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Liberal travel procedures will bolster Pakistan-Turkey ties

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ISTANBUL:

Easy travel processes, including liberal visa regimes with faster communication modes, will further push forward relations between Pakistan and Turkey, according to a Pakistani entrepreneur and social activist.

“The governments of Turkey and Pakistan should make the process of visa extremely easy,” said Rehan Allahwala, co-founder of Super Technologies Inc, well-known for his work on Facebook and other social media platforms.

“So, we can go online and just get the visa very quickly. And that’s something which needs to be worked on,” he told Anadolu Agency at the Pakistan Tech Summit held in Istanbul last week.

“I know that it’s very challenging work. But it’s definitely possible,” he said about making the visa regime easier for people of the two countries.

Allahwala, who started his first company at 13, suggested Turkish authorities should collaborate with Pakistan’s National Database and Registration Authority (NADRA) on the visa process.

“NADRA has the database of all Pakistani citizens and Turkish authorities can engage with them and make the visa process easier,” he said, adding that it currently takes at least two weeks to get a visa.

More than 200 entrepreneurs, technology experts and sector leaders from Pakistan were on a five-day tour of Turkey where they met their Turkish counterparts at Istanbul Sabahattin Zaim University and visited other touristic cities.

“There is so much demand from Pakistani people to come to Turkey, but the visa and the transportation cost becomes a challenge,” he said.

Travel from Pakistan to Turkey by car

The tech guru said the two governments should also facilitate ground travel between the countries.

“I would like to be allowed to go from Turkey to Pakistan by car. Right now, we don’t have that opportunity because it requires special paperwork and that costs two times the price of the car,” he said.

“I dream that we have 20 buses a day coming from Pakistan to Turkey, just like I can go from Antalya to Istanbul, I can go from Karachi to Istanbul. Why not?” asked Allahwala, who has completed 150 projects in five different countries.

Praising Turkey’s Pegasus Airlines for starting direct flights to Pakistan’s financial capital of Karachi, he said: “I would like them to increase the number of flights because the traffic is huge. And maybe such practices can help with the visa process also, and more tourists should be attracted.”

To cement relations, the social activist said, the Pakistani government should “recognize the people who are acquiring citizenship in Turkey to allow them to have dual nationality.”

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But he said more larger Turkish companies should come and partner or start their venture in Pakistan.

Lauding Turkey’s progress in the tourism sector, Allahwala said Pakistan has only 1,400 hotels.

“Turkey has huge experience in tourism, so Turkish hotel companies can come to invest and start hotels or do partnerships with the local hotel companies, or booking companies as Pakistan is a phenomenal space for them,” he said.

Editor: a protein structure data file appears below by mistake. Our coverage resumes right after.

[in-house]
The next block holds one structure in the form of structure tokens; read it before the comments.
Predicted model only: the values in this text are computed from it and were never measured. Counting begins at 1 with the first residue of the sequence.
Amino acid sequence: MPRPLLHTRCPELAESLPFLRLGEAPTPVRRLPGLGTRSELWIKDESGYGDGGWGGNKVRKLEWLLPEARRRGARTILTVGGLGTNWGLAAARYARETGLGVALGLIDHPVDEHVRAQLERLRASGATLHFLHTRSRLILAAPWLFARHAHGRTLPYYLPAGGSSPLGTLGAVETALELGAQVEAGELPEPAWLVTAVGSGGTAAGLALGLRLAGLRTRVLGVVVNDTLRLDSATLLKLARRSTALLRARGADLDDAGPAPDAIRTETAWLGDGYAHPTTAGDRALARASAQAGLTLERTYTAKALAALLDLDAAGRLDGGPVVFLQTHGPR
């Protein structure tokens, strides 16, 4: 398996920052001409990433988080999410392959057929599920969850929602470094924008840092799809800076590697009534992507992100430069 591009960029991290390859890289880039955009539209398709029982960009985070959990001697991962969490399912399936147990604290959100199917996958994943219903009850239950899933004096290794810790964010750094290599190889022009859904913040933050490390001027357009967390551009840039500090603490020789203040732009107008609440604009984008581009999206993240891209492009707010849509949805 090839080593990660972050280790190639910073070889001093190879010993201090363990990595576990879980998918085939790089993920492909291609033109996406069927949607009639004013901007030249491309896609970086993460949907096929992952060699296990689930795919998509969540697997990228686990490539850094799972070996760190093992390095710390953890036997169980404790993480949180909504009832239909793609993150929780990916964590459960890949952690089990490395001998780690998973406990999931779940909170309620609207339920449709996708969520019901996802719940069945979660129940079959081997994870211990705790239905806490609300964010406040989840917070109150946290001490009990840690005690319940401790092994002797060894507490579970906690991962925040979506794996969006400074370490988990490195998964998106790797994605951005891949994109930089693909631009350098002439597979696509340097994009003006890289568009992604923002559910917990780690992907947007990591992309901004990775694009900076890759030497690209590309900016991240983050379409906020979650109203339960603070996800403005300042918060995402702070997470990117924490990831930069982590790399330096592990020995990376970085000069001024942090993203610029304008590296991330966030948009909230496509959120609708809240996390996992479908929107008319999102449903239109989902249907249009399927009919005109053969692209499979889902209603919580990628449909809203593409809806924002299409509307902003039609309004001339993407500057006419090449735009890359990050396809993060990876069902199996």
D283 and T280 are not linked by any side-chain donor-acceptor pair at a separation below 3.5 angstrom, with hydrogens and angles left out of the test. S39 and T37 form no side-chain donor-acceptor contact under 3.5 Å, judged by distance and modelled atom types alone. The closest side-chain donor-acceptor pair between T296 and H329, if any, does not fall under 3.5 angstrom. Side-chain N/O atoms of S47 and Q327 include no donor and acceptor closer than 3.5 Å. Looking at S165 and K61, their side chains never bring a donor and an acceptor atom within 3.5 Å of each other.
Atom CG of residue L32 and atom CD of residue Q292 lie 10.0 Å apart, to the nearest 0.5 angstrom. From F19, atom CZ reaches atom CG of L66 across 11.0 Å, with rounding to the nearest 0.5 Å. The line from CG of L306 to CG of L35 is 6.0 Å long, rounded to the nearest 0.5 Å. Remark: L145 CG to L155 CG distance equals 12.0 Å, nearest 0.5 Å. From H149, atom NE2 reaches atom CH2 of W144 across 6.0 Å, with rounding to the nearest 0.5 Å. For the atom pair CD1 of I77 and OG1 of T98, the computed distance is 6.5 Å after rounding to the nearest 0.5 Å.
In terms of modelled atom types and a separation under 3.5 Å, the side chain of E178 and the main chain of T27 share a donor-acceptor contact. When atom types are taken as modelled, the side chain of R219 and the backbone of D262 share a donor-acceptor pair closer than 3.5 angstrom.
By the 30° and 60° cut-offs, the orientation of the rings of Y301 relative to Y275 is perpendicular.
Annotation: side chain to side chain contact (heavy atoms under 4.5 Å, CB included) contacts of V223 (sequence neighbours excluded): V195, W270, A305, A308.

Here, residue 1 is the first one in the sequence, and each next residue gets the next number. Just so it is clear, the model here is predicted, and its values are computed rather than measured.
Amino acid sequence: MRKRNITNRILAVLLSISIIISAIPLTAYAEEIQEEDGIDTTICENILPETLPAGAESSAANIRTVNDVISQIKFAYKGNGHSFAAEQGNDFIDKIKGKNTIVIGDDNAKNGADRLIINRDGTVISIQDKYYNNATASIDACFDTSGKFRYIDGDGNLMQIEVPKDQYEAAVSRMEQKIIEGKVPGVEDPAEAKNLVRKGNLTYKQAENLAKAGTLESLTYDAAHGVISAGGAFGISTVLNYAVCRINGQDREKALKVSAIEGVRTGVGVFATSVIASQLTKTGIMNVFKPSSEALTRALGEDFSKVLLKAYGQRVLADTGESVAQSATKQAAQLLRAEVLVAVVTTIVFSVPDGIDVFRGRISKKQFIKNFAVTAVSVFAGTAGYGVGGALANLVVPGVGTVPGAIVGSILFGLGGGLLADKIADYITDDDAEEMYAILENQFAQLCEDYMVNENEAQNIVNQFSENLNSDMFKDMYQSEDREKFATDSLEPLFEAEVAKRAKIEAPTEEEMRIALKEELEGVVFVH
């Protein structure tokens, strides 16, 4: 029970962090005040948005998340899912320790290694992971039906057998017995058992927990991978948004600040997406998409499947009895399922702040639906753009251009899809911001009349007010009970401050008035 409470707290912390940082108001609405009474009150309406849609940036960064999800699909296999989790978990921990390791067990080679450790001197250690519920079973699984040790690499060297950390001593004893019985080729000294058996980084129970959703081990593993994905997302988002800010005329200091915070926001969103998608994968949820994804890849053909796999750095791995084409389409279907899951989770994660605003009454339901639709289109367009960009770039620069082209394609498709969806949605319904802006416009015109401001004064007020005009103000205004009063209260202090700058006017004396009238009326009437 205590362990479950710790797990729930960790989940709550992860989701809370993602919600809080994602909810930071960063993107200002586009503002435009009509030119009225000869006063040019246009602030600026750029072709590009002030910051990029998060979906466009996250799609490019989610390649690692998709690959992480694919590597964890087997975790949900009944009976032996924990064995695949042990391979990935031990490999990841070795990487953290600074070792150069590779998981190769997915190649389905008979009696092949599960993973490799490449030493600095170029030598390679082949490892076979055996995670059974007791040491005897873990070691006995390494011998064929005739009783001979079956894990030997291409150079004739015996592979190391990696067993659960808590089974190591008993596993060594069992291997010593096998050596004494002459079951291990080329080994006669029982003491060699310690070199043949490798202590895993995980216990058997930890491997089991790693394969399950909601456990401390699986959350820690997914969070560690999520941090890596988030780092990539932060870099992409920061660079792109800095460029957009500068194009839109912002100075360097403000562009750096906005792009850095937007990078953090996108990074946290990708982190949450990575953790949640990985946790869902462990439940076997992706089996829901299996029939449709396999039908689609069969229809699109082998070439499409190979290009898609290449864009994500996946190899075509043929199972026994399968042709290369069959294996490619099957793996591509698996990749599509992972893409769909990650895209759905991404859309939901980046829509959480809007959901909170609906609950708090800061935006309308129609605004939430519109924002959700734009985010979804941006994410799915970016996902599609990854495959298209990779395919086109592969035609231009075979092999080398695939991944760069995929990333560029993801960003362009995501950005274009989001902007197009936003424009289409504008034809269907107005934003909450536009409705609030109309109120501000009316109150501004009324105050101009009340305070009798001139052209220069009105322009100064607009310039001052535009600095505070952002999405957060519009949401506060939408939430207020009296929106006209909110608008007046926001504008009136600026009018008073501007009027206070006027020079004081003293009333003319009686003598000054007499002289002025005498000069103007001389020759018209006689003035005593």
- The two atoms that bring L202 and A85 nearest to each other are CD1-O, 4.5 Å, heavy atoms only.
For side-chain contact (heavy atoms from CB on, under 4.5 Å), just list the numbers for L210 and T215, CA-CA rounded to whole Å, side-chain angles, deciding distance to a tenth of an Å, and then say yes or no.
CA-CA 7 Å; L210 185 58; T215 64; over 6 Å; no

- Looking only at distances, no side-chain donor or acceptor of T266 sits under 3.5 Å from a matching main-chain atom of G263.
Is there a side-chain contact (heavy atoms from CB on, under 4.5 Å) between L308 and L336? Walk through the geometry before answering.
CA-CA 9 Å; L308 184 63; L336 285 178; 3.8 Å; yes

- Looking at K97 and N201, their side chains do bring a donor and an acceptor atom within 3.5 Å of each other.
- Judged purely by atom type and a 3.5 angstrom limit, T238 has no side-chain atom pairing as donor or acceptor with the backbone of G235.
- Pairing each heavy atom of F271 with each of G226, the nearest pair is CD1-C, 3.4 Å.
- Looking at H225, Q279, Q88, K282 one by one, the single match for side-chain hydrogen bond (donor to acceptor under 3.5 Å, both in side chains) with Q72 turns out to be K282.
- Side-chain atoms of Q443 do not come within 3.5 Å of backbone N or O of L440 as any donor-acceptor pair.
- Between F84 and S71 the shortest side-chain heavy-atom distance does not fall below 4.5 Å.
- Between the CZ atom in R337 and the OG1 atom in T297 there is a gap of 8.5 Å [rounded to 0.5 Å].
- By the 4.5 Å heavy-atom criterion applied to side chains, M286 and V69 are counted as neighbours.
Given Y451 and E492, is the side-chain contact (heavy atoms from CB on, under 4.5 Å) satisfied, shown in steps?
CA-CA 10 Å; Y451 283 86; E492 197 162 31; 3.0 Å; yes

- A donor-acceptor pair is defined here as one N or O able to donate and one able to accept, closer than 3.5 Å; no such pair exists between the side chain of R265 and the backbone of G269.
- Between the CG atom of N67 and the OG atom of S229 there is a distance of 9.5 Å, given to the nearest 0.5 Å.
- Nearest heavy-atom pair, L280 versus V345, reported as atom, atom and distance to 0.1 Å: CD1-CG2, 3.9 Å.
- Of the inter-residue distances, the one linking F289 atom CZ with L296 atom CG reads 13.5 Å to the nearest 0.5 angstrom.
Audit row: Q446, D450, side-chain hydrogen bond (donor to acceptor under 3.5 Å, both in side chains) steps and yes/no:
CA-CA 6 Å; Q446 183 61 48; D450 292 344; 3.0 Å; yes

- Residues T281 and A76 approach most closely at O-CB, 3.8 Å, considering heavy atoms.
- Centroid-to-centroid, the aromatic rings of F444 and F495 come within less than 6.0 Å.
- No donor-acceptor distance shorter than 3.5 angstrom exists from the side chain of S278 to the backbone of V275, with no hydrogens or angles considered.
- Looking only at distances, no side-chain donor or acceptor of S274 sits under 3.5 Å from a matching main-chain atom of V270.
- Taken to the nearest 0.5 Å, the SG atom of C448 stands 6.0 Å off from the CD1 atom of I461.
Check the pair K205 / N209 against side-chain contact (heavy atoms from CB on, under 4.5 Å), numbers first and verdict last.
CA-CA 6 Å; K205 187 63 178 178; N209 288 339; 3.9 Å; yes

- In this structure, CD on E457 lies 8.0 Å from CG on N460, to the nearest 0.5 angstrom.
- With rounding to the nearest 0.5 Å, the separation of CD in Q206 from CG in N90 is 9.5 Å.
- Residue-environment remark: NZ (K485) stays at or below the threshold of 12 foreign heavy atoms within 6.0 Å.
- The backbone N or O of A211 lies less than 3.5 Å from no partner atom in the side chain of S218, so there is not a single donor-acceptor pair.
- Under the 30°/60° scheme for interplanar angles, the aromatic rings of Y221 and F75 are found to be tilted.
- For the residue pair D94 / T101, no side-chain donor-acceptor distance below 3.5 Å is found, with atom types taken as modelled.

“I know a lot of Pakistanis who want to come and live in Turkey because of Ertugrul Ghazi drama series and Osman Gazi and all the other dramas,” said Allahwala. “Turkish people have occupied us mentally, just like Hollywood occupied us before.”

The Turkish production of Ertugrul Ghazi earned heroic status in Pakistan after the country’s state television aired it in Urdu language.

Within days of the first broadcast, the fan following the series and its actors surged, especially lead actor Engin Altan Duzyatan.

Often described as a “Turkish Game of Thrones,” the series tells the story before the establishment of the Ottoman Empire in the 13th century Anatolia. It illustrates the struggle of Ertugrul Ghazi, the father of the empire’s first leader.

It has millions of subscribers on its Urdu YouTube channel.

“People are going to America but now they want to come and flock to Turkey,” he said. “I asked my staff if I were to sponsor a trip, where would they like to go: Dubai or Turkey? Everyone responded, ‘Turkey.’ So, yeah, everybody wants to come here.”

Although “language barrier” is a challenge, he said, it could be bypassed as “technology is enabling a lot of weird things to happen.”

The tech guru emphasized that the governments of Pakistan and Turkey should “focus on getting a free trade agreement done so that there is more free flow.”

‘Pakistan Tech Summit explored Turkish environment’

Allahwala said the Pakistan Tech Summit was “to encourage 200-plus companies and people from Pakistan to come and explore Turkey together.”

“It was to create more trust among the companies themselves and to see the opportunity of collaboration between themselves and the Turkish companies,” he said.

“It is more of a retreat – to retreat away from our own offices, our own mindset, and come and see and learn from Turkish environment,” he said.

The participants got a chance to explore “what can be done in Turkey, or find partners to come and work within Turkey,” he stated.

“You never know where business comes from.”

He said Pakistan’s digital footprints were growing “phenomenally.”

“In the last 12 months, the population of telephony smartphones rose to 100 million from 50 million. That’s phenomenal growth,” he said. “The growth which happens in 10 years has been in one year only … because of COVID-19.”




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